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Mast rotation take 2


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Read all the threads on mast rotation and everyone has described what to do but I cant find any reference as to why should you rotate your mast...?

At a guess downwind you pull on 90 deg to create more area for directing wind into the sail or is there more to it such as affecting prebend..?

To depower up wind pull it to the winward hull to break off some air flow.?

Is this the best method for depowering your main upwind. Wy not just point higher?

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Rotation is used in conjunction with tear drop/wing shaped mastes to create far more power which is easily adjustable.

A round static mast will have a leading edge down luff which is disturbed and so unused air or power. by rotating a faired mast section the wind 'joins" to the mast and then sail in a fluid and so effecetive action.

I sail a 14sq and think the rotation style is the same as the two boats are both simlilar in design and boomless.

I have found the anti rotation to be the most important to master.

Your inhaul and downhaul are how you will resist rotation on that boat. While you can just let the mast find its own place there is a lot of performance to be gained by understanding where to set the mast.

Spend some good amount of time creating six to eight setting points along the inhaul and use the downhaul for remote fine tuning.

I have also added an RF5 and cheek block with a shock cord to make the action very positive on the inhaul.

Your over rotation device is for downwind sailing so at that time remember to release your inhaul to about 7 8th out and release downhaul and over rotate.

Originally posted by zeflyguy:

16 sq

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Thanks Will but I have visited Kurnell already but I will visit again...

As far as answering my question its needs a little more clarification.. I always like to understand the dynamics of sailing..

Form what I have understood the mast rotation is used to redirect wind flow..

How to apply this information is clear..

Pull on rotation downwind and leave it free when pointing.

However one of the posts suggests pulling on rotation upwind to depower you main which

on a very windy day might be handy or I could simply point higher to depower which to me sounds like a better solution to depowering your main. Any thoughts out there on this topic?

[This message has been edited by zeflyguy (edited 30 January 2007).]

[This message has been edited by zeflyguy (edited 30 January 2007).]

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My brother and I sail a 5.8 so it may be a bit different but we heading up alittle to depower a little rather than adjusting to much and where finding it possible to point as high any cat on the water and still maintain a fair bit of speed and make it a very comfortable ride.

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Mast rotation is critical in maintaining attached flow on the lee of the main.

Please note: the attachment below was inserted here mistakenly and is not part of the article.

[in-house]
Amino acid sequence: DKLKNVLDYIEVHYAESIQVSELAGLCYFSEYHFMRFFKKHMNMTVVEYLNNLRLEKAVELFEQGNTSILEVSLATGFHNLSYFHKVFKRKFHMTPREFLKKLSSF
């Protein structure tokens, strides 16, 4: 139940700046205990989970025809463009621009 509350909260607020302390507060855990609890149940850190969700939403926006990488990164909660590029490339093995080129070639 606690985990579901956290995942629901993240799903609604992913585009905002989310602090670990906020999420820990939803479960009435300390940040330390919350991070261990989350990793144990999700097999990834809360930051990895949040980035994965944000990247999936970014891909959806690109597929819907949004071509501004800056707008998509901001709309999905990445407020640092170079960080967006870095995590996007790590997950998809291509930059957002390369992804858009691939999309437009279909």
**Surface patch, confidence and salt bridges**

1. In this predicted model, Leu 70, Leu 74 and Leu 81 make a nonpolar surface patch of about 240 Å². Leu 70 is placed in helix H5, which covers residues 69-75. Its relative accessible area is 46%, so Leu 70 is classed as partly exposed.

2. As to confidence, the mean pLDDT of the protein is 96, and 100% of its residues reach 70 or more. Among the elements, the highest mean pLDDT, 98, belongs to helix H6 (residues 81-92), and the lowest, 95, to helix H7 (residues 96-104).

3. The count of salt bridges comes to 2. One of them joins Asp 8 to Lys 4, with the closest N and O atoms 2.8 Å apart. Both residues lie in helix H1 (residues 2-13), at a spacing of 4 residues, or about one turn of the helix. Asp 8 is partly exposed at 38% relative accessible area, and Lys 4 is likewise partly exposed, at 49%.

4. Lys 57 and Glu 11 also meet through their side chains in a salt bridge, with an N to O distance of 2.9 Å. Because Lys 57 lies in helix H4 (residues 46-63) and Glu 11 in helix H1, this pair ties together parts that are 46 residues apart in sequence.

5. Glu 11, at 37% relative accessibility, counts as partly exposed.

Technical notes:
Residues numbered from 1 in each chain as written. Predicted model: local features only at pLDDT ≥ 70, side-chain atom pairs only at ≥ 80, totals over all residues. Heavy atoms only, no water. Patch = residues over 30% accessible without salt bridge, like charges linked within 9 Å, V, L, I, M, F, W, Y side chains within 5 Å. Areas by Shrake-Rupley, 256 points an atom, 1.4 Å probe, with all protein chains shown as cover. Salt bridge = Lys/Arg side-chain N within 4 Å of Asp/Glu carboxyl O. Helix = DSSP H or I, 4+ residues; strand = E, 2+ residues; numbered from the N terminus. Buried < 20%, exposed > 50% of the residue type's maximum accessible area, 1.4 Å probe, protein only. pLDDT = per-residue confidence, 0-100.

Reducing rotation to depower is allowing the top of the mast to fall away, opening up the leach.

If you try to sail higher when over powered without flattening out the main and opening up the leach, then you will sail very slow, getting knocked on your ear more than making headway.

When overpowered, make the following adjustments in this order.

Main outhaul in

Cunningham tension

Lift boards 8 to 12 inches.

Drop traveller 6 to 8 inches

Reduce mast rotation.

Mast rotation last resort. I have very rearly resorted to reducing rotation even upto 25 knots.

Best way to combat being overpowered is to keep the speed up. Don't try and feather the boat up without speed or you will just get knocked on your ear.

Check out this link for some info regading sailing with a wing mast.


[This message has been edited by tornado (edited 30 January 2007).]

[This message has been edited by tornado (edited 30 January 2007).]

[This message has been edited by tornado (edited 30 January 2007).]

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What Tornado says is correct...

After aerodynamic efficiency, the question of rotation and depowering...

To rotate to 90 degrees or de-rotate to zero is mostly a question of the shape, size & wall thickness of the section.

I.e. Older small sections (E5308, like Hydra's, Mozzies and Cobra's etc) and new wing masts benefit from DE-rotation allowing the masthead to "flick" off to leeward, opening up the head of the main & de-powering.

Sections like on the 14sq, 16sq and 5.8 are strong enough to OVER-rotate to depower. I.E., Out to 90 deg.

The net affect is similar in that the leech of the main opens up, but you won't lose as much height. On these boats i wouldn't be inclined to bring rotation in to the centreline until it was blowing snotters (30kn +).

Remember too that Diamond tension, spreader rake and traveller position play a critical role in all of this...

Hope it helps,



[This message has been edited by Leapin Leroy (edited 31 January 2007).]

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